Much has been said about the recent race between Justice Joel Horton and John Bradbury. One of Bradbury's key points was that Justices should be elected and stand before the people instead of being appointed. That both Justices Schroeder and Trout resigned early in order to allow the Governor to appoint the replacement seemed to Bradbury to give too much power to the Gov. For what it's worth, I think it would be nice to have a more independent judiciary, and appointment just allows the Gov, whoever the Gov is, to further embed his political philosophy into government.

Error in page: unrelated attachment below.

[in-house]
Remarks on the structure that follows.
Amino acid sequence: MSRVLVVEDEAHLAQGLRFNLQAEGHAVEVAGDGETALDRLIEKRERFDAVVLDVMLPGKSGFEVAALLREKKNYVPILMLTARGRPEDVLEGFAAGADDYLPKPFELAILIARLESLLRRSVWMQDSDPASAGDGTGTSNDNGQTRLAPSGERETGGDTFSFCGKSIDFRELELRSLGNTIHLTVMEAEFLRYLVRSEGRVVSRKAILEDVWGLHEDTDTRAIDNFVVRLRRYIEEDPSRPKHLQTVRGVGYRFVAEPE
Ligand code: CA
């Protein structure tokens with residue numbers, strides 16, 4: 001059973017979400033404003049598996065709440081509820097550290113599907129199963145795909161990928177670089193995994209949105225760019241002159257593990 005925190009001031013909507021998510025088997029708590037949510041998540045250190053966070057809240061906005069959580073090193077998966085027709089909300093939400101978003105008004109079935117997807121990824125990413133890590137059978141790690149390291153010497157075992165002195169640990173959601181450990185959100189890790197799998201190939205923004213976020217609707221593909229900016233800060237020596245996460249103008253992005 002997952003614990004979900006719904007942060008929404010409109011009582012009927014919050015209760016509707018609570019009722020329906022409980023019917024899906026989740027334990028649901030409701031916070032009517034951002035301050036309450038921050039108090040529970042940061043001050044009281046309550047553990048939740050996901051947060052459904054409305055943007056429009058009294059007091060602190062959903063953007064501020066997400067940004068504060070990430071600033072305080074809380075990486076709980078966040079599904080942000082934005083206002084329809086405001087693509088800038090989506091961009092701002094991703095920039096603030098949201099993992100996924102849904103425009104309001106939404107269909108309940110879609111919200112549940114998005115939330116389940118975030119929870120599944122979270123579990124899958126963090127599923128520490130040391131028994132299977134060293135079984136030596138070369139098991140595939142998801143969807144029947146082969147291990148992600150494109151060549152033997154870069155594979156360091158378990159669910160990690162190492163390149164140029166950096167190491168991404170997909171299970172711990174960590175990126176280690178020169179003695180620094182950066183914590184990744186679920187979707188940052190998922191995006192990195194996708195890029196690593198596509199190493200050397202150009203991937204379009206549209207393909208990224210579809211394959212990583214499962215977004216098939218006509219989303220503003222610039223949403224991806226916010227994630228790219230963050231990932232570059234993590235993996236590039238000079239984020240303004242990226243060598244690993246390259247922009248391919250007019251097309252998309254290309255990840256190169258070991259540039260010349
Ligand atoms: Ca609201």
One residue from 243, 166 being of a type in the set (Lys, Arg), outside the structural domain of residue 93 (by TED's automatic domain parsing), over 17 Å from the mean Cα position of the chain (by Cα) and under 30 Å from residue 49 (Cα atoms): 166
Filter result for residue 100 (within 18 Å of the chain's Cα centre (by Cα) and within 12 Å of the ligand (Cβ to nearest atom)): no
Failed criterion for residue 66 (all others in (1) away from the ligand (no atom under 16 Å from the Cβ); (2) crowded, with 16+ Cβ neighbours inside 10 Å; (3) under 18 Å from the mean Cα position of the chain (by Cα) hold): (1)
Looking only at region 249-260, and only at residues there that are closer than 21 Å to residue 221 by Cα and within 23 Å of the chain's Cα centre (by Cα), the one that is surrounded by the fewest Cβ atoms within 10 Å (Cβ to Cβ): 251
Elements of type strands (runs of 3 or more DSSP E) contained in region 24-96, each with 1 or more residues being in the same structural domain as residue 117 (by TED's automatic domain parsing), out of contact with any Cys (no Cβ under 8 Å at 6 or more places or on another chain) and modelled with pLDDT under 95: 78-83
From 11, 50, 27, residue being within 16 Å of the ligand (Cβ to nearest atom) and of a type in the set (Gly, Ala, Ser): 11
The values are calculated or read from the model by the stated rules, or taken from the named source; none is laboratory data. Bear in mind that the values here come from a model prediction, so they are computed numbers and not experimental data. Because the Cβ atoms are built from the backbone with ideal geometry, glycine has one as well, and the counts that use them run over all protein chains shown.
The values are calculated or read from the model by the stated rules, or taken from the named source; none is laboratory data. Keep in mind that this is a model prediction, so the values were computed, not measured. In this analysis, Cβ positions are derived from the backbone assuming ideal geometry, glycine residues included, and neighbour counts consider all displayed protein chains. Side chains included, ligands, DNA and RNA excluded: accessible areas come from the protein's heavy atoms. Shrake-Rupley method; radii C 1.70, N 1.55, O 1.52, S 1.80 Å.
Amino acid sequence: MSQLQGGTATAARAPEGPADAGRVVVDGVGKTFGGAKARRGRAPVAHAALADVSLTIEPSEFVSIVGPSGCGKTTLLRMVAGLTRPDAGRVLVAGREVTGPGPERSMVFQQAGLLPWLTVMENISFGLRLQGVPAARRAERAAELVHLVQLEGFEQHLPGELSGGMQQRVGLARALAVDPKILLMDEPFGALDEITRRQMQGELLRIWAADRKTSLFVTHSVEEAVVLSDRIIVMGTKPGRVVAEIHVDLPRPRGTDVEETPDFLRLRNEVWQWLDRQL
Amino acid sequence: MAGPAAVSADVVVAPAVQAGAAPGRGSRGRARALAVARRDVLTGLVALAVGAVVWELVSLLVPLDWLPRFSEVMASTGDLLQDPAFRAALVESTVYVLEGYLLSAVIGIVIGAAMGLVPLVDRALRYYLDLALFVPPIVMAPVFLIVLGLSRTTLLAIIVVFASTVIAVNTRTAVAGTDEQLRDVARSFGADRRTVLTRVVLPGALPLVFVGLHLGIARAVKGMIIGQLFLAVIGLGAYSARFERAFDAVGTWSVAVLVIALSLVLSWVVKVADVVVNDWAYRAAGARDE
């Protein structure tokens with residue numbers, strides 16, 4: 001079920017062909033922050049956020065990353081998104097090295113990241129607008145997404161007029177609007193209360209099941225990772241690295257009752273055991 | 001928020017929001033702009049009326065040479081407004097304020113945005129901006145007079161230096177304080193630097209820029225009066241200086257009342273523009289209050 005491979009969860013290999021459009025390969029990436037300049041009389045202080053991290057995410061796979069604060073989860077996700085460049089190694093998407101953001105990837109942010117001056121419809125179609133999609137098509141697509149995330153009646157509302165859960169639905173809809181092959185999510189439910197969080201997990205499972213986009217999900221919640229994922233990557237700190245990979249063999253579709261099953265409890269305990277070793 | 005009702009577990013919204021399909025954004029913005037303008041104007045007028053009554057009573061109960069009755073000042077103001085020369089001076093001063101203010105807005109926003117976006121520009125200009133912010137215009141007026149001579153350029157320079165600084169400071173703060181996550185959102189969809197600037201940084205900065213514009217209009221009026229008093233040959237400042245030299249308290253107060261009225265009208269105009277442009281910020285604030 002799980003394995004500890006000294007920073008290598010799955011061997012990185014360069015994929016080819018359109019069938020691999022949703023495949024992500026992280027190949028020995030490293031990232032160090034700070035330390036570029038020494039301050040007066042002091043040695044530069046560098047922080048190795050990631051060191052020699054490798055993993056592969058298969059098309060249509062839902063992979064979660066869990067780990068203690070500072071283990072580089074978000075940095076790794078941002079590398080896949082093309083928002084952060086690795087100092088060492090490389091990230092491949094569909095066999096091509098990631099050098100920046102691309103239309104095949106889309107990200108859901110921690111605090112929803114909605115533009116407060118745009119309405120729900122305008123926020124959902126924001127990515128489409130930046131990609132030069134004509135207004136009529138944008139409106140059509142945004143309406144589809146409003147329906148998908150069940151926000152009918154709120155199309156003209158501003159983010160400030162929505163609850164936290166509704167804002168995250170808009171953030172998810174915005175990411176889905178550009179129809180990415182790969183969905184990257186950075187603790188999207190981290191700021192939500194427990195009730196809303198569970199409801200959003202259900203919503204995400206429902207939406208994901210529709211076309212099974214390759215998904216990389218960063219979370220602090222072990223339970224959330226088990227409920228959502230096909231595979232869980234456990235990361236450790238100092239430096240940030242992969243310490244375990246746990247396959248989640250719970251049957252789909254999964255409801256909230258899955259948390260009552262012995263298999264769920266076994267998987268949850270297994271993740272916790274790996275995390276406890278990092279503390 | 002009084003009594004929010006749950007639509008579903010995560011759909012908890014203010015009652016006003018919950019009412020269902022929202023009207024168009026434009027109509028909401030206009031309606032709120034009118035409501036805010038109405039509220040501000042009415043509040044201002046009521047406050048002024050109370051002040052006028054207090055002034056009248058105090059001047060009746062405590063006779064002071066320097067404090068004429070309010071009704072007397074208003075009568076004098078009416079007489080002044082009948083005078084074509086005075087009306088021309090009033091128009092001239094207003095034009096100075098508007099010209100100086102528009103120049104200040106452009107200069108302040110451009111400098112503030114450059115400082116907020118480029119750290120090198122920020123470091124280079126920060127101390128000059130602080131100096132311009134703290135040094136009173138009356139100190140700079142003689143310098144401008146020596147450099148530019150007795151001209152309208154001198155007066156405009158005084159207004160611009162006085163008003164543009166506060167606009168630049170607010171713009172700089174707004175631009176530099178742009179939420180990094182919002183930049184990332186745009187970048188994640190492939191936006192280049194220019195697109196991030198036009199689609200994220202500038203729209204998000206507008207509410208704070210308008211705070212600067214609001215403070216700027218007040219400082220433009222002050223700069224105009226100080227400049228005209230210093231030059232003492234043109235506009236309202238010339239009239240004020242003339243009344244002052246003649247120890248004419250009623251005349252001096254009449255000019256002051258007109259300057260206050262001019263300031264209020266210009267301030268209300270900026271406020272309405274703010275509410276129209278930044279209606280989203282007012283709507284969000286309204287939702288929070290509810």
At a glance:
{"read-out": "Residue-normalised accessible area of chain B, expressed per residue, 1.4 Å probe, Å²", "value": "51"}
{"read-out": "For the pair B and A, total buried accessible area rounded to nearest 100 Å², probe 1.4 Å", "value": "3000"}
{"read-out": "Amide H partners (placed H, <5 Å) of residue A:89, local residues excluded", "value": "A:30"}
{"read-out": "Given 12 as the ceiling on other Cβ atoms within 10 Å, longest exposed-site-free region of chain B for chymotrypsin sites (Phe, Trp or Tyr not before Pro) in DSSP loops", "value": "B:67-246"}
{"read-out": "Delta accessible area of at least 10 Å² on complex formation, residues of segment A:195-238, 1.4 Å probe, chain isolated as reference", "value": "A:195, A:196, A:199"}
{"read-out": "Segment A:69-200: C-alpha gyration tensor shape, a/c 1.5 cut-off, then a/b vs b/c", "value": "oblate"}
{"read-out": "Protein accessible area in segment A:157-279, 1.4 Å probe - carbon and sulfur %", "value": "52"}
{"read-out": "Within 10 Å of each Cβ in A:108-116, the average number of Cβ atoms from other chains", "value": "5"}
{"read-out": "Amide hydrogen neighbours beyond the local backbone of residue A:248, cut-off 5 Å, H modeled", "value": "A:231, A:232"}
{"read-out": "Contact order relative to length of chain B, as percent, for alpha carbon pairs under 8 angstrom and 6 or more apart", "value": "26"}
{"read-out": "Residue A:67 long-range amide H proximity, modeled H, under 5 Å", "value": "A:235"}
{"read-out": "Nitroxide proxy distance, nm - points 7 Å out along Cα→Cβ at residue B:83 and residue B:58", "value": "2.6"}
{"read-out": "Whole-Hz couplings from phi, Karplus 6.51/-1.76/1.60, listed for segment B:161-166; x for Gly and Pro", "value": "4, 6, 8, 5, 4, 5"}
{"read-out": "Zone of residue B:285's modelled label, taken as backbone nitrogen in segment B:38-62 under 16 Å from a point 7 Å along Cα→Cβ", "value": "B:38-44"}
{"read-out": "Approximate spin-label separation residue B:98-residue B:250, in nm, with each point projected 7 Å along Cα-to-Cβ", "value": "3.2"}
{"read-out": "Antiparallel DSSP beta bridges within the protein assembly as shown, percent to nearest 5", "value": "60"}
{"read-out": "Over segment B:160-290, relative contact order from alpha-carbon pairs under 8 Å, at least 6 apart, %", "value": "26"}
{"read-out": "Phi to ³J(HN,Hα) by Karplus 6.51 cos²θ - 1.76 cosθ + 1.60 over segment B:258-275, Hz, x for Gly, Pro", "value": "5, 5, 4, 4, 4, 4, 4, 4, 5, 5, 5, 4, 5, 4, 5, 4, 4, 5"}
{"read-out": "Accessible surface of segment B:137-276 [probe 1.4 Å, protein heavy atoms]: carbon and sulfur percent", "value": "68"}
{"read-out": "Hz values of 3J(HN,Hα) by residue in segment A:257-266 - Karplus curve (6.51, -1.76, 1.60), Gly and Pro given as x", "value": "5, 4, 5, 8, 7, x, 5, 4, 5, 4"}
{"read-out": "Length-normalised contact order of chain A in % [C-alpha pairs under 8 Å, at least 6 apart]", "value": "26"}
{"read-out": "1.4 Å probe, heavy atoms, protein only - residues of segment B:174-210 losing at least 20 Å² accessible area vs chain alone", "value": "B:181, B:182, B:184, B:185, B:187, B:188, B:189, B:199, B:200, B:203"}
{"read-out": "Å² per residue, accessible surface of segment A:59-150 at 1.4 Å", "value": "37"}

On the other hand, lots of folks think that elected judges will politicize the office and will cause them to be beholden to donors.
Anyway, let's look at the candidates' financing. We won't know the full picture until later in the month when the post election reports are filed, but through May 11, here's the picture.
Bradbury funded his campaign with $25,000 on March 11, and with another $100,000 on April 25, for a total of $125,000. No other donations shown. It also looks to be donations, not loans.
Horton loaned his campaign $10,000 on March 14. Horton reported $62,050 in donations through May 11 from about 150 donors, including lots of lawyers who potentially will have cases in front of the Supreme Court. On May 15, Horton loaned himself $30,000, and on May 23 he loaned $20,000. Total reported loans, $60,000. Total of loans and contributions, $122,050.
Now that Horton has won, and since he has $60,000 in debt, will he hold fundraisers to retire the debt? That sounds dicey to me.